Digital transformation is permeating all areas of life and is putting established ways of doing things to the test. This offers opportunities, but also harbours risks. Only if politics, business and society are aware of their respective responsibilities will it be possible to shape the process of digitalisation and ensure it serves the best interests of citizens.
For many of us, digitalisation means having the whole world at our fingertips. Convenient, fast and in some cases even environmentally friendly. Yet at the same time, new technical possibilities are also shifting familiar boundaries, especially those between private providers of digital products and services on the one hand and the state and society on the other.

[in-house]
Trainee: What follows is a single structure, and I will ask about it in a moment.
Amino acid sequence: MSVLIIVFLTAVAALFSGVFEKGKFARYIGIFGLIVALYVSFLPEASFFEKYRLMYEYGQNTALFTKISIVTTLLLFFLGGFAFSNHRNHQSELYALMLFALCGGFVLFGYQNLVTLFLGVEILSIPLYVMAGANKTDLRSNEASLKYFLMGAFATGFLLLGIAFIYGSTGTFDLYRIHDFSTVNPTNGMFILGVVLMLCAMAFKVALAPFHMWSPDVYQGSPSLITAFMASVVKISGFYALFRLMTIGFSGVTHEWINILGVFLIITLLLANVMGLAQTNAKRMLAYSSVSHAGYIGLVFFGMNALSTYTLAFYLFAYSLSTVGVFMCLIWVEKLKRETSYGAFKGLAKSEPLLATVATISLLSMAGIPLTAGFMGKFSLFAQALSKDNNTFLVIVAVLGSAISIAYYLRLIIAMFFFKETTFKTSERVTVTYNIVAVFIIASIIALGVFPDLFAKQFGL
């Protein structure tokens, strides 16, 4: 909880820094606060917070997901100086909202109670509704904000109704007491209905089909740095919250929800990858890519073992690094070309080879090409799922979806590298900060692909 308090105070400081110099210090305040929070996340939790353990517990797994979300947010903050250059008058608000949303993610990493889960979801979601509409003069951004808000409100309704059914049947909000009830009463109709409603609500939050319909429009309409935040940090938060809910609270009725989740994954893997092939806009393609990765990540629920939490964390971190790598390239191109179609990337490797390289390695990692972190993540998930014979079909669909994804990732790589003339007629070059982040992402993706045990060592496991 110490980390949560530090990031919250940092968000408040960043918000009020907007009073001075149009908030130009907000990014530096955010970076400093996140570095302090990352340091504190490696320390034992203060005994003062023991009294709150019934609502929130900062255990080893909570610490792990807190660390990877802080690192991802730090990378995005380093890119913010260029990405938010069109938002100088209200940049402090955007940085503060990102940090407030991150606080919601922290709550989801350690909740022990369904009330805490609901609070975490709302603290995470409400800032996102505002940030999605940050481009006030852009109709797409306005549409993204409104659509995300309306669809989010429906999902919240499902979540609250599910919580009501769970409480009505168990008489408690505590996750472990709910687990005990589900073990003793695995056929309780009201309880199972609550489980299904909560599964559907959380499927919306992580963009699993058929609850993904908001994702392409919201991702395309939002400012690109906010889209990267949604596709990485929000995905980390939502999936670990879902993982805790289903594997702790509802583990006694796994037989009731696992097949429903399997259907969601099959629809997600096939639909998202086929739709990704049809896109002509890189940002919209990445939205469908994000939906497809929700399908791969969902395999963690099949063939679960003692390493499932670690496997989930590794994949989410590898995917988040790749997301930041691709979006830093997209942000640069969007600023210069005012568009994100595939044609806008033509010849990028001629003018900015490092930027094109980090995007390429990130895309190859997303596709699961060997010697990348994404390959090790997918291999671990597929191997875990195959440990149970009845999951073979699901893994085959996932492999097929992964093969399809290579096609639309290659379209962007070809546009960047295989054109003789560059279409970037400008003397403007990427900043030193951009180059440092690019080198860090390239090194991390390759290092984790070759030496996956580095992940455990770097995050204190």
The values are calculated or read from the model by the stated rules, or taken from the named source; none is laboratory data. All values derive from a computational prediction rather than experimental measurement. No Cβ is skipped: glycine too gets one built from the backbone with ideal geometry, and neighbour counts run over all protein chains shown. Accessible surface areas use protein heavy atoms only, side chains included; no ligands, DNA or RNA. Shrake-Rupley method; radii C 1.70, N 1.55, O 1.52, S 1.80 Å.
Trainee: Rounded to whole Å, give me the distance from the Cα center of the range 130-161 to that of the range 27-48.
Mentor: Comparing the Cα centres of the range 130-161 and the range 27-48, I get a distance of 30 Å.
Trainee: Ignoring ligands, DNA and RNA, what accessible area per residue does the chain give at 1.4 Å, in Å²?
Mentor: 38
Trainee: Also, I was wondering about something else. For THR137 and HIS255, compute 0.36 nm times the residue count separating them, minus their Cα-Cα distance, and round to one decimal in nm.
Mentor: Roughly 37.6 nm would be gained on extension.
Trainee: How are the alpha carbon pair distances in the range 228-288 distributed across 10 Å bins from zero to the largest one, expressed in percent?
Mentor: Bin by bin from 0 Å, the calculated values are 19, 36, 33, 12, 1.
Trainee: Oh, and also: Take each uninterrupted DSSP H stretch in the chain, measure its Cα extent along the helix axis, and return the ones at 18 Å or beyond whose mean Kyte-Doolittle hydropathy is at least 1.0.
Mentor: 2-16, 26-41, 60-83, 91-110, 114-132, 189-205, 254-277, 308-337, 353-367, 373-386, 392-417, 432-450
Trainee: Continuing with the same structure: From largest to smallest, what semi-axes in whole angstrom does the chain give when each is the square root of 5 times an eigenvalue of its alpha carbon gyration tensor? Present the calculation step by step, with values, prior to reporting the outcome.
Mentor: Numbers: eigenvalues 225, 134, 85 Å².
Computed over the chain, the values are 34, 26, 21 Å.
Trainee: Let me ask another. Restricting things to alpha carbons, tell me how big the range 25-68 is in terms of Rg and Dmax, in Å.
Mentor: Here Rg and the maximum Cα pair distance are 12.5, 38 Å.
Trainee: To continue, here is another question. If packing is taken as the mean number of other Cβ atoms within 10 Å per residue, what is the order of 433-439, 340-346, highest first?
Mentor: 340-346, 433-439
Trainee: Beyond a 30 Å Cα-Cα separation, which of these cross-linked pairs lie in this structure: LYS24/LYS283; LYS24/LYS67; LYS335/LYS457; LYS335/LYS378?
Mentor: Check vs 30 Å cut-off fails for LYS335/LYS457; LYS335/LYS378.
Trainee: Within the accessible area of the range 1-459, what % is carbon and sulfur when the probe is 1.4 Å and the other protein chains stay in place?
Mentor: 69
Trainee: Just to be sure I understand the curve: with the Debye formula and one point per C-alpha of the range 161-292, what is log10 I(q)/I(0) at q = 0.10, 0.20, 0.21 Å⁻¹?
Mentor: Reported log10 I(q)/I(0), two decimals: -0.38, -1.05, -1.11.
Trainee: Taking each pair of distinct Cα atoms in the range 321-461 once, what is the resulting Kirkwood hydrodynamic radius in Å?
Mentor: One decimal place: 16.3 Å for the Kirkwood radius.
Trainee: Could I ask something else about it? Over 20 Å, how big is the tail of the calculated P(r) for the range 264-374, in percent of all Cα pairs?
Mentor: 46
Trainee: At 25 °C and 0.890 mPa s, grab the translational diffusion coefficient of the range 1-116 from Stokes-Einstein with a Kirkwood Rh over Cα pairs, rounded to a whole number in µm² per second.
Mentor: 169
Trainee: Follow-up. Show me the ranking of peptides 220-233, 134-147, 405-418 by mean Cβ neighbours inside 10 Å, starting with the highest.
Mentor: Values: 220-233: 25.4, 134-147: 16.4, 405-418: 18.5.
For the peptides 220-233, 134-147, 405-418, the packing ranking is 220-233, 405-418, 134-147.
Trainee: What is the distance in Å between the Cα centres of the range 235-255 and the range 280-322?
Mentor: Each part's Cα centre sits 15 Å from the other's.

- What data traces do we leave behind on the web every day, and who has access to them?
- How does artificial intelligence actually work and when might the use of AI lead to disadvantages for us?
- What rights do I have as a consumer with regard to private providers who process my data?
There are no easy answers to these and other questions that are becoming increasingly pressing in times of digital transformation. This makes it all the more important to clearly identify the opportunities and risks, and to discuss them. And this is precisely what the CDR Initiative works towards. Together with representatives from politics and business, we develop guidelines and recommendations for action in relation to digital transformation.